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What Causes a Side Stitch?

Tips and advice for a side stitch or side ache when running

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Updated April 07, 2014

Most runners have experienced a side stitch or side ache at one time or another during exercise. That sharp, localized twinge of pain just below the rib cage that usually occurs on the the right lower abdomen. It is particularly common in runners and has been known to slow some athletes down to a walk until the pain subsides.

Today, researchers refer to this nagging abdominal pain by the much more technical and scientific term, "exercise-related transient abdominal pain" (ETAP). Regardless of what you call it, the pain is often enough to stop runners and swimmers in their tracks and hold their sides in agony.

What Causes a Side Stitch

While there is still no definitive explanation for the cause of a side stitch, there are several very convincing theories. The majority of the researchers believe that it has a lot to do with what we eat before we exercise.

Several studies agree that ETAP is most common in running and swimming. The pain is described as well-localized in the right or left lower abdomen. The pain of the side stitch often interfered with performance, but wasn't related to the athlete's gender or body mass index. ETAP was far less common in older athletes.

The most important factor in developing ETAP seems to be the timing of the pre-event meal. One study reported that consuming reconstituted fruit juices and beverages high in carbohydrate and osmolality (a measure of concentration), either just before or during exercise triggered the onset of a stitch, particularly in susceptible individuals. The symptoms didn't seem to be related to the amount of food eaten (gastric volume). See: Proper Hydration for Exercise

A more complicated explanation put forth by some researchers is that a side stitch is caused by stretching the ligaments that extend from the diaphragm to the internal organs, particularly the liver. The jarring motion of running while breathing in and out stretches these ligaments. Runners tend to exhale every two or four steps. Most people exhale as the left foot hits the ground, but some people exhale when the right foot hits the ground. It is the later group who seem more prone to get side stitches.

Exhaling when the right foot hits the ground causes greater forces on the liver (which is on the right side just below the rib cage). So just as the liver is dropping down the diaphragm raises for the exhalation. It is believed this repeated stretching leads to spasms in the diaphragm.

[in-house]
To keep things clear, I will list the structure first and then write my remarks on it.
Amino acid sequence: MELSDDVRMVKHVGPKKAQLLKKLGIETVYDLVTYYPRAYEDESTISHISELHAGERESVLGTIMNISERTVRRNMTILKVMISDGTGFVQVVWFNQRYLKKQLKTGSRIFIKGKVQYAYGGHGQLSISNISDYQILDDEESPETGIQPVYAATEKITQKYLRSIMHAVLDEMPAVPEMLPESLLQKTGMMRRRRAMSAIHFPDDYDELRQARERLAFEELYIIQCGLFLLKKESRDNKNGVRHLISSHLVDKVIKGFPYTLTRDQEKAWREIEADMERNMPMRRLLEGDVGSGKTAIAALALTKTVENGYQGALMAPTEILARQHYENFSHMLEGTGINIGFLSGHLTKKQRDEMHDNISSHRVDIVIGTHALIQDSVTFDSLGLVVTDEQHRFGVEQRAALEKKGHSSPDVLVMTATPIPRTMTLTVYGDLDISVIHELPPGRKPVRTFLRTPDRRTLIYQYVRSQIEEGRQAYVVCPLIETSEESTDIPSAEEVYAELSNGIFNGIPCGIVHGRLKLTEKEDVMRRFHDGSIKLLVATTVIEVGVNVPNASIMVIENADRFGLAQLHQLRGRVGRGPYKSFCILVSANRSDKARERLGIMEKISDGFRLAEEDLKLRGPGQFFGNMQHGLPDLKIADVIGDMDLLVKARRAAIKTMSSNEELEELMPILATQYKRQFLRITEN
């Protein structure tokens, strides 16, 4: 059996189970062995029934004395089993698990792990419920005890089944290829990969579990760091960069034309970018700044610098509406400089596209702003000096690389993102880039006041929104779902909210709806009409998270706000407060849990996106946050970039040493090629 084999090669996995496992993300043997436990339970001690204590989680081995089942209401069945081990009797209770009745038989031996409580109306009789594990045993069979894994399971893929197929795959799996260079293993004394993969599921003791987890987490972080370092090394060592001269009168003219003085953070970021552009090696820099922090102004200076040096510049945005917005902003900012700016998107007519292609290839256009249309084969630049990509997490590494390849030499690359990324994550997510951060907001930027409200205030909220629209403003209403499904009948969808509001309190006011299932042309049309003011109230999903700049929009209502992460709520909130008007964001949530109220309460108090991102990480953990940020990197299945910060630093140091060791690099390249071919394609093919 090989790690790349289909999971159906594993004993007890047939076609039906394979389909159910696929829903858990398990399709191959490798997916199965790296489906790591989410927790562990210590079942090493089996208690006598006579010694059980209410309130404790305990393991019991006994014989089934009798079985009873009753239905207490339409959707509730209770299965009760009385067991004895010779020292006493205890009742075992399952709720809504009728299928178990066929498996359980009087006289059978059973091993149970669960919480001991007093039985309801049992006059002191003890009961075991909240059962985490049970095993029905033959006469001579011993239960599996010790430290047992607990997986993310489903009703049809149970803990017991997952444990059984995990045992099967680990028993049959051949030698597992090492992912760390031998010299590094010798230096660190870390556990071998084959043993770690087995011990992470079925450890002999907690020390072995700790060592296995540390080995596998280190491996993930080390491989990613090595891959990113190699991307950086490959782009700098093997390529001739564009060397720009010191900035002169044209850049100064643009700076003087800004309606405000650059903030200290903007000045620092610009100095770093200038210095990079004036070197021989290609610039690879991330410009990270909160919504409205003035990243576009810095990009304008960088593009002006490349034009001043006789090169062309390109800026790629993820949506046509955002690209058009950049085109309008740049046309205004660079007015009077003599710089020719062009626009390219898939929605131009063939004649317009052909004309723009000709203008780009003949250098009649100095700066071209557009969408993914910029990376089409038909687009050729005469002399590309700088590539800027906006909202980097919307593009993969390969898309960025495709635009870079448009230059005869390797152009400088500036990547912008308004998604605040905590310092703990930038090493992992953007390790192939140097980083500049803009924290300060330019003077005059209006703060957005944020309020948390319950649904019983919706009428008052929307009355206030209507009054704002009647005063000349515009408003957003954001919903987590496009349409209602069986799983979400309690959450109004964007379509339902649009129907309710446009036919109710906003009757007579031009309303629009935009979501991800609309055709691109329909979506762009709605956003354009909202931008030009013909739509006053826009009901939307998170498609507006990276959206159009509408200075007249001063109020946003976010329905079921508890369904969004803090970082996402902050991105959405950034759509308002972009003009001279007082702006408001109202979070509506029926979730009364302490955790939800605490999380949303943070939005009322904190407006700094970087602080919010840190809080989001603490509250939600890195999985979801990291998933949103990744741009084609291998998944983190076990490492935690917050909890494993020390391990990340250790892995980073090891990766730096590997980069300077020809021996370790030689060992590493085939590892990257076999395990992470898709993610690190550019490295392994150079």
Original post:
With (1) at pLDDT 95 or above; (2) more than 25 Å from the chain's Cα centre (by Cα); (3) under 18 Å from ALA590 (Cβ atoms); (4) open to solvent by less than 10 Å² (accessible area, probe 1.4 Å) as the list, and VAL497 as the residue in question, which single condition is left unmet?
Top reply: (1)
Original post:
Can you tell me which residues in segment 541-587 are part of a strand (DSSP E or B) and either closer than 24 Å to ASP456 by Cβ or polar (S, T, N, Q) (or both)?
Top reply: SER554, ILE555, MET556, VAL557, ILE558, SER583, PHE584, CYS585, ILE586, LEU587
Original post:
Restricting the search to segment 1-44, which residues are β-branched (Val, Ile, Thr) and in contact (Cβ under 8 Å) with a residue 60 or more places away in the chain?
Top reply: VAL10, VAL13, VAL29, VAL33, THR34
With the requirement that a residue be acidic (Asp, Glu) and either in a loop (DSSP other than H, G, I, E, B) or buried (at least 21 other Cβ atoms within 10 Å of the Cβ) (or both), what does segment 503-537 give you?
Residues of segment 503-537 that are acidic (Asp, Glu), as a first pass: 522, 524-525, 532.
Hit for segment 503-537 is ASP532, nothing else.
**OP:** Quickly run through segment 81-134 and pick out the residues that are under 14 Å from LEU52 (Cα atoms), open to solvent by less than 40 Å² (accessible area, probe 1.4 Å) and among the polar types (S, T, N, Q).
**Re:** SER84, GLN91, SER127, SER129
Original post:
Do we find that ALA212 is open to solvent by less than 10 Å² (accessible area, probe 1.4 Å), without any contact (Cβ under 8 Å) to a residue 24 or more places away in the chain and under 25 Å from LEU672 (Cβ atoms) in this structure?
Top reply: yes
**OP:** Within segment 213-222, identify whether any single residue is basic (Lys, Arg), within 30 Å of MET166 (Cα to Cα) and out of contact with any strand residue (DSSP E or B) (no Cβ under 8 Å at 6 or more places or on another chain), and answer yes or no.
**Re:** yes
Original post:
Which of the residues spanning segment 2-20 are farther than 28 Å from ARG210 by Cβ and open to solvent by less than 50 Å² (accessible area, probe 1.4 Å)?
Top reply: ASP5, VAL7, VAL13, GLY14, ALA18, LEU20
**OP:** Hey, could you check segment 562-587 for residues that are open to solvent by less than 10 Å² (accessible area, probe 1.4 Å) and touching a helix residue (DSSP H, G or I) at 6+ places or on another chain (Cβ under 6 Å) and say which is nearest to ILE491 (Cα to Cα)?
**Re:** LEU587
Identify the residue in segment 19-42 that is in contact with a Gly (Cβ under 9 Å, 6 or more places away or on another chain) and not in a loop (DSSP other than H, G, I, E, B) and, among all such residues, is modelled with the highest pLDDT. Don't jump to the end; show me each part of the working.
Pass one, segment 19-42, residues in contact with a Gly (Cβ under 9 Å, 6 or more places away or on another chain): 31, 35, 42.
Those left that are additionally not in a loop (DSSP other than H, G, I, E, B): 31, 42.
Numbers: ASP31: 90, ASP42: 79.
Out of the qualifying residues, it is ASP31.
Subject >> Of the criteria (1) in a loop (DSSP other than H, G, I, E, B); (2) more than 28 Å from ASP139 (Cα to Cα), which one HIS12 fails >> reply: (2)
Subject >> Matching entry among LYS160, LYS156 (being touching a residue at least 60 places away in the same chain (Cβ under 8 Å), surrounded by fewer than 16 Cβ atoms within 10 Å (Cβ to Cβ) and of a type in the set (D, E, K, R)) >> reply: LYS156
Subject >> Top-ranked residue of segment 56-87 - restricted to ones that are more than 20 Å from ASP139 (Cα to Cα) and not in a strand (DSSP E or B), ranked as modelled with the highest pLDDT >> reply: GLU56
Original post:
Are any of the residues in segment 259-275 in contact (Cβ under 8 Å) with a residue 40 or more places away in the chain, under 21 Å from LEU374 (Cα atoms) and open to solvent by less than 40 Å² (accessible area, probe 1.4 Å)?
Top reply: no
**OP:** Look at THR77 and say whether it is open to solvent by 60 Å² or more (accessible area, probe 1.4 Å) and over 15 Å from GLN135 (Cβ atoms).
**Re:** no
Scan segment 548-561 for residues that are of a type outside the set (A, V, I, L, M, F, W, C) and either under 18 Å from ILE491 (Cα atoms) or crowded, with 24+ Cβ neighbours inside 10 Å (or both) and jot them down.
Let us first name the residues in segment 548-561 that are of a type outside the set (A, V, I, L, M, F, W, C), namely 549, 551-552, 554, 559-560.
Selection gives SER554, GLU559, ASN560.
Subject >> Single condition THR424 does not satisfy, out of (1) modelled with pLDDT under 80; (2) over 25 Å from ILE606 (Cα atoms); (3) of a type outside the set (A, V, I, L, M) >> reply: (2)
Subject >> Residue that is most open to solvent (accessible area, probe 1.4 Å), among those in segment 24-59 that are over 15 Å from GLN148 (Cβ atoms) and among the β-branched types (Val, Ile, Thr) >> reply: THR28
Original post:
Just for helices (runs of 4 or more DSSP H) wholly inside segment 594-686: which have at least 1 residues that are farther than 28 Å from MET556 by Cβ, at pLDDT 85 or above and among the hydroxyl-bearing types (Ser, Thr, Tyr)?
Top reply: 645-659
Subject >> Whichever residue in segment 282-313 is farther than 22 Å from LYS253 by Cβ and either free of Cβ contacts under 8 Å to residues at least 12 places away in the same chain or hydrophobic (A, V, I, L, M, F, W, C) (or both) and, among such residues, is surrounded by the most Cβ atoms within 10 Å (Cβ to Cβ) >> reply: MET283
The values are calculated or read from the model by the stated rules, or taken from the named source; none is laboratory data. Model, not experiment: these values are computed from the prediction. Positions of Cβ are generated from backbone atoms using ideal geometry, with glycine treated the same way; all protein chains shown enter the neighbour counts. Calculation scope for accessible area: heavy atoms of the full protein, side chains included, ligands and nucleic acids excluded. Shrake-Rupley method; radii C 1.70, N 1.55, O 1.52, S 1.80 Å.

What to Do for a Side Stitch

If you develop a side stitch when running, stop running and place your hand into the right side of your belly and push up while inhaling and exhaling evenly. As you run or swim, try to take even, deep breaths. The stretched ligament theory would argue that shallow breathing tends to increase the risk of a stitch because the diaphragm is always slightly raised and never lowers far enough to allow the ligaments to relax. When this happens the diaphragm becomes stressed and a spasm or "stitch" is more likely.

Some other ways to alleviate the pain of a side stitch include:

Tips for Preventing a Side Stitch

  • Time your pre-race meal to allow it to digest prior to the event
  • Avoid drinking reconstituted fruit juices and beverages high in carbohydrate and osmolality before and during exercise
  • Stretching may relieve the pain of a stitch. Raise your right arm straight up and lean toward the left. Hold for 30 seconds, release, then stretch the other side.
  • Slow down your pace until pain lessens.
  • Massage or press on the area with pain. Bend forward to stretch the diaphragm and ease the pain.
  • * If you continue to experience pain, see your doctor.

Source

Eichner ER. Stitch in the side: causes, workup, and solutions. Curr Sports Med Rep2006;5:289–92.

Morton DP, Callister R. Factors influencing exercise-related transient abdominal pain. Medicine and Science in Sports and Exercise. 2002 May.

Morton DP, Callister R. Characteristics and etiology of exercise-related transient abdominal pain. Med Sci Sports Exerc2000;32:432–8.

Morton DP, Richards D, Callister R. Epidemlology of exercise-related transient abdominal pain at the Sydney City to Surf community run. J Sci Med Sport2005;8:152–62.

Morton DP, Aragon-Vargas LF, Callister R. Effect of ingested fluid composition on exercise-related transient abdominal pain. Int J Sport Nutr Exerc Metab2004;14:197–208.

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